by Peter Scherman of The B&B Team
Last summer The B&B Team received a call from innkeepers who were planning a major expansion to their inn. They had looked at the land, the building, had preliminary drawings from their architect, had spoken with two banks, and were ready to move forward. Here’s how they described their situation.
“It’s like we’re sitting on the bus. The kids are on board. The bags have been stowed below. We’ve got a supply of munchies for the road. We’re headed to Abilene! The driver has just inserted the key into the ignition when suddenly we are struck with this raw fear that we’ve forgotten something. Something very important. But we don’t know what it is.” What should they do? Do they ignore that apprehension and head on down the road? Or do they get off the bus to Abilene?
They have an upscale inn with ten luxurious rooms, fabulous owner’s quarters, unusually large and flexible meeting space, and a gorgeous waterfront location. They’ve been successful, but have an ambitious long-term goal for retirement, and the inn is their ticket.
In order to reach their goal, they figured, they needed to grow their business by adding up to six more rooms, a commercial kitchen, and a spa. Preliminary plans had been drawn up, and an estimate of cost was in hand. There would need to be a bit of land trading to obtain sufficient acreage to be allowed to build the expansion, but that seemed feasible enough. So, if all the plans were laid out, and little remained to be done to secure funding and break ground, why did they call on The B&B Team?
Well, it was that gnawing question (a good instinct, by the way) that maybe there was one more person they should consult with before “heading to Abilene.” They needed to know if they enlarged the inn, would it increase their inn’s value enough to reach their retirement goals, and how long would it take? To answer their question would require a site visit to learn more about their business, property, location, and plans.
What a beautiful spot! What an inn! What a view! There were lots of superlatives to offer for the building and the land and all that these innkeepers had done to enlarge and improve the bed & breakfast they had bought a few years before. We analyzed their cash flow for the past couple of years with the rooms they have and compared their current investment and business value against their expansion plans. The addition was going to be spectacular, no doubt, but it was going to change fundamentally the nature of the property, so we ran some projections.
Despite its large size and many rooms, the configuration of the current bed & breakfast and its location are such that, with some remodeling, one could envision it being purchased as a luxury residence without too much difficulty. That’s not always the case when there are this many rooms, but the amount and distribution of public spaces and the innkeepers’ private quarters as well as their proximity to a high net worth population made it feasible. As a residence, the upper limit of what someone would pay for their inn is governed strictly by marketplace demands and the uniqueness factor. On the other hand, once they added on the new wing with more guest rooms and spa, the likelihood of anyone buying their inn for private use would have evaporated, and they would then need to earn enough with the business to justify a price that would net them what they needed for retirement. If they could reach their income goals, it might be possible to reach their financial goals as well.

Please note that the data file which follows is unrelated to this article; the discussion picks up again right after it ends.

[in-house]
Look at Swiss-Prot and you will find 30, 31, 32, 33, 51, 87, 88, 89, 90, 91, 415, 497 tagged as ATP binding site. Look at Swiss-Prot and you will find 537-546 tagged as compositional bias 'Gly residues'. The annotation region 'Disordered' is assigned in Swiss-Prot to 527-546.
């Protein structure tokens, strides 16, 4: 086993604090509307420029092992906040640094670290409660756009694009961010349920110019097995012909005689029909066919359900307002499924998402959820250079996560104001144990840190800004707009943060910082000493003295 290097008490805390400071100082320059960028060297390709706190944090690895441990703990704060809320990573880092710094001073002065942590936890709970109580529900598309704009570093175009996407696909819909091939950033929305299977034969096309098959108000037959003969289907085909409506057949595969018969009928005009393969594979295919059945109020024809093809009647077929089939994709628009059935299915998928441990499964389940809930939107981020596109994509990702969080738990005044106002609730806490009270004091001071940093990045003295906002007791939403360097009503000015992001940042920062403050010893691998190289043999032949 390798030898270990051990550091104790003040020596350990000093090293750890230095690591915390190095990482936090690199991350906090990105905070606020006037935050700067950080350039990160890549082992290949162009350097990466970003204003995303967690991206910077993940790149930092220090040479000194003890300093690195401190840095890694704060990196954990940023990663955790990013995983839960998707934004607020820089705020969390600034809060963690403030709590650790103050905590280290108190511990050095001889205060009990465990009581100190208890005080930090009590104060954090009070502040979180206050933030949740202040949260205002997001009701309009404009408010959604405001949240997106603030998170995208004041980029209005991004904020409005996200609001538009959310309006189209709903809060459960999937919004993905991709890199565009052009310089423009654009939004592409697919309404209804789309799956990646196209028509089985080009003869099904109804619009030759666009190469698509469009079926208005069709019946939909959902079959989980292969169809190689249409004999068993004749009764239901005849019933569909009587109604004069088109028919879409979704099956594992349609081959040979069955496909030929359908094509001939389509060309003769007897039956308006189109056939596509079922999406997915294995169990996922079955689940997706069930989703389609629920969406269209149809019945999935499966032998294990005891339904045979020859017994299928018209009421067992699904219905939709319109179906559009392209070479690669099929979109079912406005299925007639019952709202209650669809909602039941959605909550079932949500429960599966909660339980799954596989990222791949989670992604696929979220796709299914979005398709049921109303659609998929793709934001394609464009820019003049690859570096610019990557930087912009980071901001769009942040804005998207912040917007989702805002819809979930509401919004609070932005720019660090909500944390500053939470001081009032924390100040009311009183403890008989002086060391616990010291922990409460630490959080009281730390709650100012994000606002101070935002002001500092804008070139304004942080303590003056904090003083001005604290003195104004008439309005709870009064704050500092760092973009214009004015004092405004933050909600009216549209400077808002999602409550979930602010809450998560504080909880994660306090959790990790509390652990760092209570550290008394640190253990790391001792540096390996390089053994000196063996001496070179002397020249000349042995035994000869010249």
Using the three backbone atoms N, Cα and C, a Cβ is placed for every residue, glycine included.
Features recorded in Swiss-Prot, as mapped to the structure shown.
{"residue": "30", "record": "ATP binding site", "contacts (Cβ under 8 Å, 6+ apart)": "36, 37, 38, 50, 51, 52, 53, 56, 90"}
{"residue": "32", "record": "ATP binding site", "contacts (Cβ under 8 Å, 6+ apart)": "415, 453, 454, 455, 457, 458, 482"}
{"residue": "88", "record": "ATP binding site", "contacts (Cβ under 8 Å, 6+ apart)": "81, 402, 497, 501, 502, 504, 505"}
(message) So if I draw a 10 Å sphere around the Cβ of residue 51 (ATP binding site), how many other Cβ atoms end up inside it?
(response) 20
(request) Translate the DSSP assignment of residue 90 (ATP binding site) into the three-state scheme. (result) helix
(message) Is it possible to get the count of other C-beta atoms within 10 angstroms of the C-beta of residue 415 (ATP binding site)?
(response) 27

The problem was, at their current occupancy rate of around 45%, there was little reason to believe that more rooms would increase their revenues sufficiently to finance the expansion. They certainly weren’t “maxed out.” Even with the spa, it seemed unlikely that the available pool of potential guests and customers would justify the expense. If revenue targets weren’t met, and financing became a burden, it would have been almost impossible to sell their inn for enough to recoup their investment. On the other hand, if they focused their efforts on taking better advantage of what they had, raising their occupancy (to 55%+), revenues, and net income, they could increase the value of their asset and have the luxury of being able to offer it for sale in a few years either as high end residential real estate or a successful inn, whichever would net them the most at that point in time. And, if they grew their business enough that some type of expansion seemed like a good idea to meet demand, then an addition of a different configuration which would provide better revenue opportunities with less capital investment (that’s pronounced debt) would be a better way to go. It could be smaller, with fewer but larger rooms, and the spa could go into already existing space in the main house.
So, with a sigh of relief and renewed purpose these innkeepers got “off the bus to Abilene” and developed a marketing plan to grow their current business without incurring massive additional debt. They are now working on building their mid-week business by tapping the corporate market utilizing their ideal facilities for small to medium size meetings. In time a spa might be in order, but not just yet. We’ll be tracking their success to see how they’re doing, providing advice along the way to help ensure they can retire the way they want to.
These innkeepers said that they expected The B&B Team to validate their expansion concept, just as everyone else had, and instead found that the unvarnished opinion they received was the dose of reality they needed. So, if you’re planning a large capital investment in your inn and feel like you’re ready to pull away from the curb, be sure you’re on the right bus. If you’re not certain, call The B&B Team. We’d love to help you assess your plans and consider alternate routes.